Eridanus: winter nights on the river
2019 January 20
Overlooked in favour of the brilliant hunter Orion and his retinue of winter constellations – so choc-a-bloc of deep sky wonders – is the sky’s 6th largest constellation, Eridanus (the River). Much of it lies low from the UK; indeed the final cascade never rises from Europe. You would need to travel to Cairo to see brilliant α Eridani (‘Achernar’) scrape the horizon.
The River springs from Orion’s south-west, near Rigel. The source is at β Eridani – or ‘Cursa’ – and the river meanders mainly southwards to nearly –60° before terminating at 1st magnitude Achernar; the 9th brightest star in the Heavens.
Despite the difficulties it presents, Eridanus is worth exploring on clear, sparkling winter nights when haze and the Moon are absent. Our journey begins at source and trickles west initially. ‘Downstream’ we find there are some splendid galaxies, a fine planetary nebula and a fundamental triple star. The faint ‘Witch Head’ reflection nebula (IC2118), illuminated by Rigel, is one for experienced deep imagers.
The first landmark is a galaxy, NGC 1637. As it is the highest in declination of the three large galaxies we shall meet, it should be the easiest to enjoy for UK observers: at just –3°, it is of higher declination than the Great Orion Nebula. NGC 1637 is an SAB spiral seen almost face-on, 4′×3′ (arcmin) in size and with a magnitude of +11, so not striking visually. It could be nicknamed the ‘Southern Black Eye Galaxy’ so prominent is the wide dust lane evident on images and, visually, with large telescopes. A Type II supernova (SN 1999em) was observed in NGC 1637. It is estimated to be about 30 million light-years (ly) distant.
After enjoying this dusty spiral, we travel south-west and find what appears, at first glance, to be an unremarkable 4th magnitude star known as Keid, or Omicron-2 Eridani. However, have a peep using reasonable magnification and you will find this to be a remarkable triple star. The primary is a K-type dwarf, but it is the companions which are of greater interest: here we have both a white dwarf (mag +10) and red dwarf (mag +11) neatly packaged in one system. These are perhaps the easiest of white and red dwarf stars to find, as Keid is mag +4.5 and thus an easy target in the finder (or indeed, with the naked eye).
The system is 16.5ly away, a distance twice that of Sirius and its companion the ‘Pup’ – however, this white dwarf doesn’t have to contend with a brilliant primary. Omicron-2A is widely spaced from BC at 85.5 arcsec (″), while Omicron-2BC is a much closer pair at around 8″. They take 248 years to orbit one another (A-BC takes 7300 years!). Omicron-2B was the first white dwarf to be recognised as such.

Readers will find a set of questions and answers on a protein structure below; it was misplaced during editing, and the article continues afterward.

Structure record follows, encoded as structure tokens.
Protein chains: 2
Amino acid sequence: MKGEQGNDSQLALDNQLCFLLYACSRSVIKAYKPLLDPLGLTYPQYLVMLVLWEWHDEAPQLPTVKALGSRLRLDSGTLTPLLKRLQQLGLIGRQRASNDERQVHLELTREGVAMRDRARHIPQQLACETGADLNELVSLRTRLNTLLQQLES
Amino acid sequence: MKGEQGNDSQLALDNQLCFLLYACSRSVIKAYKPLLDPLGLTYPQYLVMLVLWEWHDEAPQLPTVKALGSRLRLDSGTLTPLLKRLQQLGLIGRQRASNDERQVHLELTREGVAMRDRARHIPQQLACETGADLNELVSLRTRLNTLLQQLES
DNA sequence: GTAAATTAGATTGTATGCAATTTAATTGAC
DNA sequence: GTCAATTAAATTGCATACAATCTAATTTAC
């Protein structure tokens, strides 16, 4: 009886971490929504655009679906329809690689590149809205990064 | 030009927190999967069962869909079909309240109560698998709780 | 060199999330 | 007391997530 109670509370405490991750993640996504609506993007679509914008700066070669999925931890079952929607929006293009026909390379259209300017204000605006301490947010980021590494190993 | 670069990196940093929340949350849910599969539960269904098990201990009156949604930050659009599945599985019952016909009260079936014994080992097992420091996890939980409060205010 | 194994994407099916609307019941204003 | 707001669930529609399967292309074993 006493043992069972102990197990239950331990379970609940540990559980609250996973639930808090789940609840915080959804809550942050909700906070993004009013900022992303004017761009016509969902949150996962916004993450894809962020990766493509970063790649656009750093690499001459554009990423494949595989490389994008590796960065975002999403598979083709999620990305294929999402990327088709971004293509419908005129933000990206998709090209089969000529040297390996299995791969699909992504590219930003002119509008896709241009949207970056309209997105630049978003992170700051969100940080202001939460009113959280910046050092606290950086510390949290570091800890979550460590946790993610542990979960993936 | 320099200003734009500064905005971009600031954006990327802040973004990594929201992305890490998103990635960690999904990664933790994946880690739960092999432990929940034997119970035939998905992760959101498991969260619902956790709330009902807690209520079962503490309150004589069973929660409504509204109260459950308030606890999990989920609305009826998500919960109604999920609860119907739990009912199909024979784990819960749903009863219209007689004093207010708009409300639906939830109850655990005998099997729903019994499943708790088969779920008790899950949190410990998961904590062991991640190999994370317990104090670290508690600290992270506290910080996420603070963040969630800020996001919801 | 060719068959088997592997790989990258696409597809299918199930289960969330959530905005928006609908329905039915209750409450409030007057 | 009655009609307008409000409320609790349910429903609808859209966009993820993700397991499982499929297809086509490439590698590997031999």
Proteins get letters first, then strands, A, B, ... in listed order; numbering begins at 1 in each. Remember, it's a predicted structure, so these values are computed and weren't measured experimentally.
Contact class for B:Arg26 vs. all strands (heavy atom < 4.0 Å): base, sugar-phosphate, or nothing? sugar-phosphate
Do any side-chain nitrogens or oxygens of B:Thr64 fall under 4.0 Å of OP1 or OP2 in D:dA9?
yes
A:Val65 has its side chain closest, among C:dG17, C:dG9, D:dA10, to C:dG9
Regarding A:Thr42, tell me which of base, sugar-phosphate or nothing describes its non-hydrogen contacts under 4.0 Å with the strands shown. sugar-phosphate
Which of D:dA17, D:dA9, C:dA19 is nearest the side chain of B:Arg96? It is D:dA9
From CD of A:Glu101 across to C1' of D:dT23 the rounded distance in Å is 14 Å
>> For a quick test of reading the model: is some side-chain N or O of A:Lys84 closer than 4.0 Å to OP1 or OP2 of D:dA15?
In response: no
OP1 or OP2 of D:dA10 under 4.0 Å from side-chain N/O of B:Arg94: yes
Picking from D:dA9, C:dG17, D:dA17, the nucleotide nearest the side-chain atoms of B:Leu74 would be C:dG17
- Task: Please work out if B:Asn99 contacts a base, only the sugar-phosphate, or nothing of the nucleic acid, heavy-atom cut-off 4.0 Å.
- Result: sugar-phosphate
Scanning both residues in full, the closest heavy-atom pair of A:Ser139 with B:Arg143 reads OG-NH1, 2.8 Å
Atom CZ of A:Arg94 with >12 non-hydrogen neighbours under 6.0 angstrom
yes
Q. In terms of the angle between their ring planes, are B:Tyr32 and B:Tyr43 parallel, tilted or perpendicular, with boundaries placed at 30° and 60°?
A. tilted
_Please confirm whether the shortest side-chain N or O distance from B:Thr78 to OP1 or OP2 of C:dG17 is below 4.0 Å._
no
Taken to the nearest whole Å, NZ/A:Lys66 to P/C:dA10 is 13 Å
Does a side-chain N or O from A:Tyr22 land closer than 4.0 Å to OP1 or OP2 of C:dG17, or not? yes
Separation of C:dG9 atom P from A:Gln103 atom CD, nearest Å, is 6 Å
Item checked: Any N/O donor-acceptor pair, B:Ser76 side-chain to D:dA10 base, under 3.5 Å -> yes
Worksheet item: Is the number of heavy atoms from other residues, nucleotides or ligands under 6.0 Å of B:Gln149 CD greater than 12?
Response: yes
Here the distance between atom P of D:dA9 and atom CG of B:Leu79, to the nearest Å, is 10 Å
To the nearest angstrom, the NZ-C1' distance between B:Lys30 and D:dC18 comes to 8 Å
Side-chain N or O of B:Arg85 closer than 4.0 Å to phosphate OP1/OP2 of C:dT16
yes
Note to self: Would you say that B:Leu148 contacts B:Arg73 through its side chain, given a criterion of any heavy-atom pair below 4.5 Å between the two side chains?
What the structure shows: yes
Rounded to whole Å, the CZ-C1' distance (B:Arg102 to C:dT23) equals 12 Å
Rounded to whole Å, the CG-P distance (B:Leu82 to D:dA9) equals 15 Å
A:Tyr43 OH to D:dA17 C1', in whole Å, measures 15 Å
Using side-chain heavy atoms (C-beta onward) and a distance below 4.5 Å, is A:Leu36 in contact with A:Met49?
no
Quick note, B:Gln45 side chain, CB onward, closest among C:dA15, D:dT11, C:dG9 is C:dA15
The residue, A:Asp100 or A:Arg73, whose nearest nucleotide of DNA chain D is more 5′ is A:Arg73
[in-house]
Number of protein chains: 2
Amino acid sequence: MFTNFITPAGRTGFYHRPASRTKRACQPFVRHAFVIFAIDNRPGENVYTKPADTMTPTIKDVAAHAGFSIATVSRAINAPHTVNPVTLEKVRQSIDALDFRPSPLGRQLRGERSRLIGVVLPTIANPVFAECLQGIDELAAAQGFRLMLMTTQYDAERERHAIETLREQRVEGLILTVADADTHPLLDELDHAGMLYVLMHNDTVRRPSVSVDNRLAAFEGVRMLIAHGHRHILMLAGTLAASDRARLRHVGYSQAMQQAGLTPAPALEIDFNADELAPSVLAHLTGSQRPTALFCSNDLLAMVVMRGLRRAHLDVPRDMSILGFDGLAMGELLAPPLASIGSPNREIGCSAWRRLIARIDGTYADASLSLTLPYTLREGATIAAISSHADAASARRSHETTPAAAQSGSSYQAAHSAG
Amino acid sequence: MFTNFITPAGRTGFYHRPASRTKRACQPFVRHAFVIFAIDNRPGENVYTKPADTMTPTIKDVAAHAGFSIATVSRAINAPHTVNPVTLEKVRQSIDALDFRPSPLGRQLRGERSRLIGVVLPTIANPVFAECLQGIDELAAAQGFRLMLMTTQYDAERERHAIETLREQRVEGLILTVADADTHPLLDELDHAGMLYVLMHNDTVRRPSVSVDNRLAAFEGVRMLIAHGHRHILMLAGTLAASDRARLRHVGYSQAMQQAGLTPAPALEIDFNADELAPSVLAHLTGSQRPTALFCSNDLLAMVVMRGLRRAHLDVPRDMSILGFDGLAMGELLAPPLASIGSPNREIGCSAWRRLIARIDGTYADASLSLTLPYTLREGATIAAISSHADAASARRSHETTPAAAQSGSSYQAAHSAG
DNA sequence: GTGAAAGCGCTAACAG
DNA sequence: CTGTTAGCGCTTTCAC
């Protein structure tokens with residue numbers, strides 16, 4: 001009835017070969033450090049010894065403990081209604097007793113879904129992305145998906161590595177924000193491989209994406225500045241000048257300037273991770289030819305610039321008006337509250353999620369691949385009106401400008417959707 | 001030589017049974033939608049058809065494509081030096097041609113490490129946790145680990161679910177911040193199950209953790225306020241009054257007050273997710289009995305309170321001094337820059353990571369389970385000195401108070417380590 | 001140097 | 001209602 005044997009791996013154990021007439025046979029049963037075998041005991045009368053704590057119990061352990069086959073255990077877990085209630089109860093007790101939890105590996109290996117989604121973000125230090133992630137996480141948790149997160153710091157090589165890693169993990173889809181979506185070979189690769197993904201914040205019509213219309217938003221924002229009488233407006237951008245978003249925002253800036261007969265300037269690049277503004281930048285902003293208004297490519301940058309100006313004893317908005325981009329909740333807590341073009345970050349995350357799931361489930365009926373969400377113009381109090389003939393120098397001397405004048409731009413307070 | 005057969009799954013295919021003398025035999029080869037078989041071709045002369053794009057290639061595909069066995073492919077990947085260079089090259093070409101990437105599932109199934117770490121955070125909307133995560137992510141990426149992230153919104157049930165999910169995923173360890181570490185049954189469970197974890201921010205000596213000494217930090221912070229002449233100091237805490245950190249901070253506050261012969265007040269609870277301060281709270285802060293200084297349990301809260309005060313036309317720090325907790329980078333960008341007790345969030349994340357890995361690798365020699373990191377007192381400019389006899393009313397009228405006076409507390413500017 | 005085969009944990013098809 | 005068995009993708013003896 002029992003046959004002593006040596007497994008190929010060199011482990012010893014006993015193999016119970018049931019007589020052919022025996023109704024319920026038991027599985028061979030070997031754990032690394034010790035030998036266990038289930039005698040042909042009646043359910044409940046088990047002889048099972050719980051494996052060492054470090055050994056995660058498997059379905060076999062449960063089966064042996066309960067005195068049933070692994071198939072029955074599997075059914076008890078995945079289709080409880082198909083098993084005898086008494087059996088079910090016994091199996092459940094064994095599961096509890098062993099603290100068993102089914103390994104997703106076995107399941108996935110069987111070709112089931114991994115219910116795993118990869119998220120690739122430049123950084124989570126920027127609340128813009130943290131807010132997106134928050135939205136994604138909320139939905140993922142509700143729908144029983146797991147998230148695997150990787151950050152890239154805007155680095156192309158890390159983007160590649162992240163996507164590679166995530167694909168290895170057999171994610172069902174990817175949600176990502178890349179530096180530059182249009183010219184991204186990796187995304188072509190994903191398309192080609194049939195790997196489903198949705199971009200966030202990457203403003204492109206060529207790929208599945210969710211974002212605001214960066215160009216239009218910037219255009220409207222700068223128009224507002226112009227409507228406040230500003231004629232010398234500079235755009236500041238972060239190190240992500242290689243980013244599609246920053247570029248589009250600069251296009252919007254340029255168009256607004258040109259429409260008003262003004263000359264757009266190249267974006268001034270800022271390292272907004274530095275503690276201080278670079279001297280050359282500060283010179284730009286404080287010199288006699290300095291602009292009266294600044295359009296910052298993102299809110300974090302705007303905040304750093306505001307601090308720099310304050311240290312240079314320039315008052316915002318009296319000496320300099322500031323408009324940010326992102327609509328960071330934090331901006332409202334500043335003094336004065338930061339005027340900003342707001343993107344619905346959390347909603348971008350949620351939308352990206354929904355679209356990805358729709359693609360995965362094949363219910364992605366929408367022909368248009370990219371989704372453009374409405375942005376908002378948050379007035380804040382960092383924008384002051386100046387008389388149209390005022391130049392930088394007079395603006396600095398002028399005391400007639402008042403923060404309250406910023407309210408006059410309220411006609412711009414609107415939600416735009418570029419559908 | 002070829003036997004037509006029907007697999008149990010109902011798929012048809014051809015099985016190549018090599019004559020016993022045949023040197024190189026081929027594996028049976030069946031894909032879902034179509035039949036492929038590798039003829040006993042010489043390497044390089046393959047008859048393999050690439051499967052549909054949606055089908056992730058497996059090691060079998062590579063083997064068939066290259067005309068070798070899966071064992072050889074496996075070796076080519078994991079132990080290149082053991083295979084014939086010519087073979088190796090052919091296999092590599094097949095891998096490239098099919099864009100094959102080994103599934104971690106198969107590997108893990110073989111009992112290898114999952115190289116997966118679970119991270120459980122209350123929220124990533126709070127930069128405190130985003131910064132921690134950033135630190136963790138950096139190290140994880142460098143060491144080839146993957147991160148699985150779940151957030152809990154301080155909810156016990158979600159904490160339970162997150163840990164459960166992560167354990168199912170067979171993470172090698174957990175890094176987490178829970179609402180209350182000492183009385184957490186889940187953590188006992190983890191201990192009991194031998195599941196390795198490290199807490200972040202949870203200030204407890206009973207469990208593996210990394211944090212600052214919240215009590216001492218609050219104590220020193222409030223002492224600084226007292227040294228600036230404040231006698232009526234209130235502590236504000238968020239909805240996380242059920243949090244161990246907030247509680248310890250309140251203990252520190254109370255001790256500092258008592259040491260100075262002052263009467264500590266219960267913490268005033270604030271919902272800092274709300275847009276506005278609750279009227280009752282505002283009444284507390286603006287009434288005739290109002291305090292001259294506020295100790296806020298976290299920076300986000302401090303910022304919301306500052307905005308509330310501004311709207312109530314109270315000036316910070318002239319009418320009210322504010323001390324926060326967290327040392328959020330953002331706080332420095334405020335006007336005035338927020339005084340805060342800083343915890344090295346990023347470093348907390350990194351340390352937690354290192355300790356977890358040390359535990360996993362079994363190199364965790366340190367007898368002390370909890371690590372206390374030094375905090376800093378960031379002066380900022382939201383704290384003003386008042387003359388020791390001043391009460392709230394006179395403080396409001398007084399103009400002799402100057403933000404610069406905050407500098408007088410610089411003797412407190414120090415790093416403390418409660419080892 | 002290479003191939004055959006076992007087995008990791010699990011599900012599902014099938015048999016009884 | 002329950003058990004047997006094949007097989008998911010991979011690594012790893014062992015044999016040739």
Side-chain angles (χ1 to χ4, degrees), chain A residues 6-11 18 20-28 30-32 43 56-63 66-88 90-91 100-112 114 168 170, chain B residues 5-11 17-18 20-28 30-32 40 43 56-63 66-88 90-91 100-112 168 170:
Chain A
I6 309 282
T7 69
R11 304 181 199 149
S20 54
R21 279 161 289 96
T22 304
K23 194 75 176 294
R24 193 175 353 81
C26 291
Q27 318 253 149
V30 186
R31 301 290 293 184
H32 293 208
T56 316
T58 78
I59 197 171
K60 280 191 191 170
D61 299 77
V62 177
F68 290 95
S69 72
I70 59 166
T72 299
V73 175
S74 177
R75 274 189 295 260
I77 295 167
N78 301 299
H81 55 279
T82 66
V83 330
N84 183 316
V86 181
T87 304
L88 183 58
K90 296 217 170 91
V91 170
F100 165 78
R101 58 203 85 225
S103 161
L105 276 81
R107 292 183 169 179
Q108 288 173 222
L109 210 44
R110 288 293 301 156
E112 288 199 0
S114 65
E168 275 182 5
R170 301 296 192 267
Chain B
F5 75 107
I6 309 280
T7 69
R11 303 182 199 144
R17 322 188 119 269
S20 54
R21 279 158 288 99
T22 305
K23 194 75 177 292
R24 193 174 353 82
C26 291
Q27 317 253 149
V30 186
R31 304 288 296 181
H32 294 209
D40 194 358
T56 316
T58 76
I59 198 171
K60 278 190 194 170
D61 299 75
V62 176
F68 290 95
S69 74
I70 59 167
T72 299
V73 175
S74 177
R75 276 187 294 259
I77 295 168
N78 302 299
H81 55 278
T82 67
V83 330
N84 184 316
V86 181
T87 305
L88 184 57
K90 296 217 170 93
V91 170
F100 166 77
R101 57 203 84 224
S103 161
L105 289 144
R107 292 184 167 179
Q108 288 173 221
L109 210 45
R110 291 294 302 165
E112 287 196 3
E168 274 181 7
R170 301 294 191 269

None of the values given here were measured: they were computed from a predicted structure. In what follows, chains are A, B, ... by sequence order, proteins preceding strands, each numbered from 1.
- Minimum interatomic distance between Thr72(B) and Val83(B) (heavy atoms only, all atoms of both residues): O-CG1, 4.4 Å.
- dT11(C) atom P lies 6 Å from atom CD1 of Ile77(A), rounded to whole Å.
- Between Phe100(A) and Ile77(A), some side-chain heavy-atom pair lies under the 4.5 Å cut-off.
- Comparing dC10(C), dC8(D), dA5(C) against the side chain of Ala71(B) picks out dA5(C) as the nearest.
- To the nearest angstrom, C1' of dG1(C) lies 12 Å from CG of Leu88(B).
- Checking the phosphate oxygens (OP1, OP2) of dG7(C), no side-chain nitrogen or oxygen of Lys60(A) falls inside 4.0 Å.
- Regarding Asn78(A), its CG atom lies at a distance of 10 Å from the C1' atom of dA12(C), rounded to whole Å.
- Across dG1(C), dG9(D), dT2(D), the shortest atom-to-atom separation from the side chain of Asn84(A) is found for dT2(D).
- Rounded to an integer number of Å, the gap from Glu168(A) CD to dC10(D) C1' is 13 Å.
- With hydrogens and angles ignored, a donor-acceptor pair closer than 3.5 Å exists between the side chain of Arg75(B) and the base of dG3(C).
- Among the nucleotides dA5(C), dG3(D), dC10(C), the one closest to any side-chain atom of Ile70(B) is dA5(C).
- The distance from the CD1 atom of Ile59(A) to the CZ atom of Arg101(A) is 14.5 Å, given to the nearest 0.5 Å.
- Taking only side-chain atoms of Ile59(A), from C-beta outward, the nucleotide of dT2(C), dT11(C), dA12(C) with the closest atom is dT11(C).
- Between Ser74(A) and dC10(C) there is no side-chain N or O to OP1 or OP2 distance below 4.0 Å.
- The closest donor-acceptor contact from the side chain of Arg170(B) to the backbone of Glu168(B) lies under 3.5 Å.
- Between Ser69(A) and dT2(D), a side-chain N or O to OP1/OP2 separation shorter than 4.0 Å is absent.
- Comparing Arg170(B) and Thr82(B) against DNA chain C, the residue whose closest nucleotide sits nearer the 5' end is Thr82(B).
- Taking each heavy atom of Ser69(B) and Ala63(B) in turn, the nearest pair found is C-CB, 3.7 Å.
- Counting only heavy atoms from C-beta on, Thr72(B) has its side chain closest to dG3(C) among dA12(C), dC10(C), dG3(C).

Omicron Eridani-2C is not the closest or brightest red dwarf in the sky, but certainly the easiest to find. The Universe is littered with such red and white dwarfs, but they are largely dim and so difficult for amateurs to observe – so enjoy Keid.
Drop south 5° and you will find a blue gem: NGC 1535. Recently nicknamed ‘Cleopatra’s Eye’, this lovely planetary nebula is amongst the brightest dozen in the heavens at mag +9.1. Due to this, and its high surface brightness, it is usually burned out in old photographs. However, it shows structure in short-exposure images and is a joy visually, even from suburban sites. It takes high magnification well and an OIII filter can help to show detail.
The nebula is slightly elliptical, measuring 48′×42′, with the central star at a magnitude of around +11.5. The inner disc rather resembles NGC 7662 in Andromeda (the ‘Blue Snowball’), with a bright rim around a more translucent centre. The outer surround to the bright disc is elusive, but shows well on deeper images and can be discerned on transparent nights at high magnification. The colour is remarkable, showing especially well on DSLR images. William Herschel discovered this planetary on 1785 Feb 1.